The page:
Pot legalization

Mark Kleiman directs us to a new poll on the subject with only a 6% margin against legalization.

His analysis of the poll:

Rasmussen doesn’t give the wording, and the accompanying article is written largely from a pro-legalization viewpoint (Rasmussen tends to lean libertarian).

Under the circumstances, I’d be skeptical, but the CBS/NYT poll in January got comparable results: in response to “Do you think that the use of marijuana should be made legal or not?” 41% said “legal” and 52% said “not legal.” Current support for legalization is at what seems to be an all-time high, but the numbers are consistent with the long-term trend in Gallup polling.

Predictions about Obama’s policy direction:

Note that these numbers come against the backdrop of relentless official anti-pot propaganda: not just from the drug czar’s office, DEA, and the DARE program, but even from the National Institute on Drug Abuse. That suggests that a President who decided to change the message might not hit a stone wall. And the age breakdown suggests that the trend is likely to continue as the cohorts that grew up without pot leave the voter pool.

Obviously, this isn’t something the Obama Administration is going to jump on, but I wouldn’t be surprised to see a big move late in a second Obama term or sometime in the term of his successor (assuming the Democrats keep winning elections). If I had to quote odds, I’d say about even money on legalization within fifteen years. As with the repeal of alcohol prohibition and the creeping legalization of gambling, I’d expect it to be presented at least in part as a revenue-raising measure.

His opinion on the matter:

Substantively, I’m not a big fan of legalization on the alcohol model; a legal pot industry, like the legal booze and gambling industries, would depend for the bulk of its sales on excessive use, which would provide a strong incentive for the marketing effort to aim at creating and maintaining addiction. (Cannabis abuse is somewhat less common, and tends to be somewhat less long-lasting, than alcohol abuse, and the physiological and behavioral effects tend to be less dramatic, but about 11% of those who smoke a fifth lifetime joint go on to a period of heavy daily use measured in months.) So I’d expect outright legalization to lead to a substantial increase in the prevalence of cannabis-related drug abuse disorder: I’d regard an increase of only 50% as a pleasant surprise, and if I had to guess I’d guess at something like a doubling.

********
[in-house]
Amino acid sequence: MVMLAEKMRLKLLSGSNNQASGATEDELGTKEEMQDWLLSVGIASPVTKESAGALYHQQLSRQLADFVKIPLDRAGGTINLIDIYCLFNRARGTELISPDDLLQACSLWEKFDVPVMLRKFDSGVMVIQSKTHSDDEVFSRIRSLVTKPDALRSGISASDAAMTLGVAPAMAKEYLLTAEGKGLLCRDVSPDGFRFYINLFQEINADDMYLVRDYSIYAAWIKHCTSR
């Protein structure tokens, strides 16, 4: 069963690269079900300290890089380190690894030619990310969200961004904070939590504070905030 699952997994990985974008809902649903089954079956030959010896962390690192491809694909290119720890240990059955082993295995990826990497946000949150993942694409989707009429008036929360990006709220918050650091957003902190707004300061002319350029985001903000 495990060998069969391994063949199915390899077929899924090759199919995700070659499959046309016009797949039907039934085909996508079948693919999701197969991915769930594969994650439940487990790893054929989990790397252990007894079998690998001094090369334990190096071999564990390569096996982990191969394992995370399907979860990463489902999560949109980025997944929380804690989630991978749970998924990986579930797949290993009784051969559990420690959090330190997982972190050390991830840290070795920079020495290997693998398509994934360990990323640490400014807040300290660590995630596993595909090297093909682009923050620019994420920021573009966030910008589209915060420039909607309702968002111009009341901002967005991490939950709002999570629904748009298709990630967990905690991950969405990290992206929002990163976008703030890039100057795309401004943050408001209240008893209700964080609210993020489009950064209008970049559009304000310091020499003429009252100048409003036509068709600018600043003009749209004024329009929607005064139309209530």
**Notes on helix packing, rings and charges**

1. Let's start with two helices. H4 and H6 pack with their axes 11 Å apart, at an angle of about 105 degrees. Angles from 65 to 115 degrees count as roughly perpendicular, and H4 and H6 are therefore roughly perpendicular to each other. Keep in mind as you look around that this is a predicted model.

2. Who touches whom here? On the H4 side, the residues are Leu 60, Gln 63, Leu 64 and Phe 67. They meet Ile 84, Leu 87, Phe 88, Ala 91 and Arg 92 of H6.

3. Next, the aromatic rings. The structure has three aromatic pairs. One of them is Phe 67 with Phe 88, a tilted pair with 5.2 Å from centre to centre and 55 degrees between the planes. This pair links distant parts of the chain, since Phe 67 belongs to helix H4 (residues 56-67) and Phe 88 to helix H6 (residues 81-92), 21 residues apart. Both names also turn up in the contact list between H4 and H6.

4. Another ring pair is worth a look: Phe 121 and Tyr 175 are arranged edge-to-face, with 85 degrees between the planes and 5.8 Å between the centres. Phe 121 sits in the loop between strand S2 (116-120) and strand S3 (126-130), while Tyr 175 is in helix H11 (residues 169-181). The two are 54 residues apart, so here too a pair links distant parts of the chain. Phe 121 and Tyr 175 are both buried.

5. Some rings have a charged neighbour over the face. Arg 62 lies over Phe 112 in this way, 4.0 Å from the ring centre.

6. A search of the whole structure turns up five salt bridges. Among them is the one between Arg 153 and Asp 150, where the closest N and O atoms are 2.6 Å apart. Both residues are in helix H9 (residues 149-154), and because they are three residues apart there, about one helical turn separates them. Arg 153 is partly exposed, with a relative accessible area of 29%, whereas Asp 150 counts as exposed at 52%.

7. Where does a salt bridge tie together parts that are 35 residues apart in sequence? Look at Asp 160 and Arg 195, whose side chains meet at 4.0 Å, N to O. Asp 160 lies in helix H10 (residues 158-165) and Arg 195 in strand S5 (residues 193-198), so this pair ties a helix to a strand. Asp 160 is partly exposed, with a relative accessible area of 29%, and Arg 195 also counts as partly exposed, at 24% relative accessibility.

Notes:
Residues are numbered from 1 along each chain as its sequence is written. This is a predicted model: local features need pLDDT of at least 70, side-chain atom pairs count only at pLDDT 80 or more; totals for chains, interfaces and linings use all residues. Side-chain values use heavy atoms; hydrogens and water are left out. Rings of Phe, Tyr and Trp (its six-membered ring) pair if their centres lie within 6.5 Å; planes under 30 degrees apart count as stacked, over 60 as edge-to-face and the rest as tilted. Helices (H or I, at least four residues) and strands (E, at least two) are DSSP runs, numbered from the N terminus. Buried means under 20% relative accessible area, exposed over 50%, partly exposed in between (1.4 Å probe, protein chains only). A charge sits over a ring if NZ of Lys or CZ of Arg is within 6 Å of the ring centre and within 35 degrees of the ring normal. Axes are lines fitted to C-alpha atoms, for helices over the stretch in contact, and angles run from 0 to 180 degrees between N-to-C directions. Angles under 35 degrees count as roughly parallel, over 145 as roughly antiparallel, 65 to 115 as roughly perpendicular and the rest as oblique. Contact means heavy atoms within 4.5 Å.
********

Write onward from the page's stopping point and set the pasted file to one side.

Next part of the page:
So I continue to favor a “grow your own” policy, under which it would be legal to grow, possess, and use cannabis and to give it away, but illegal to sell it. Of course there would be sales, and law enforcement agencies would properly mostly ignore those sales. But there wouldn’t be billboards.

That beautifully-crafted policy has only two major defects that I’m aware of: it wouldn’t create tax revenue, and no one but me supports it. On the drug-warrior side of the argument, even those who can read the handwriting on the wall won’t dare to deviate from the orthodoxy. As we did with alcohol, the country will lurch from one bad policy (prohibition) to another (commercial legalization). I just hope the sellers are required to measure the cannabinoid profiles of their products and put those measurements on the label.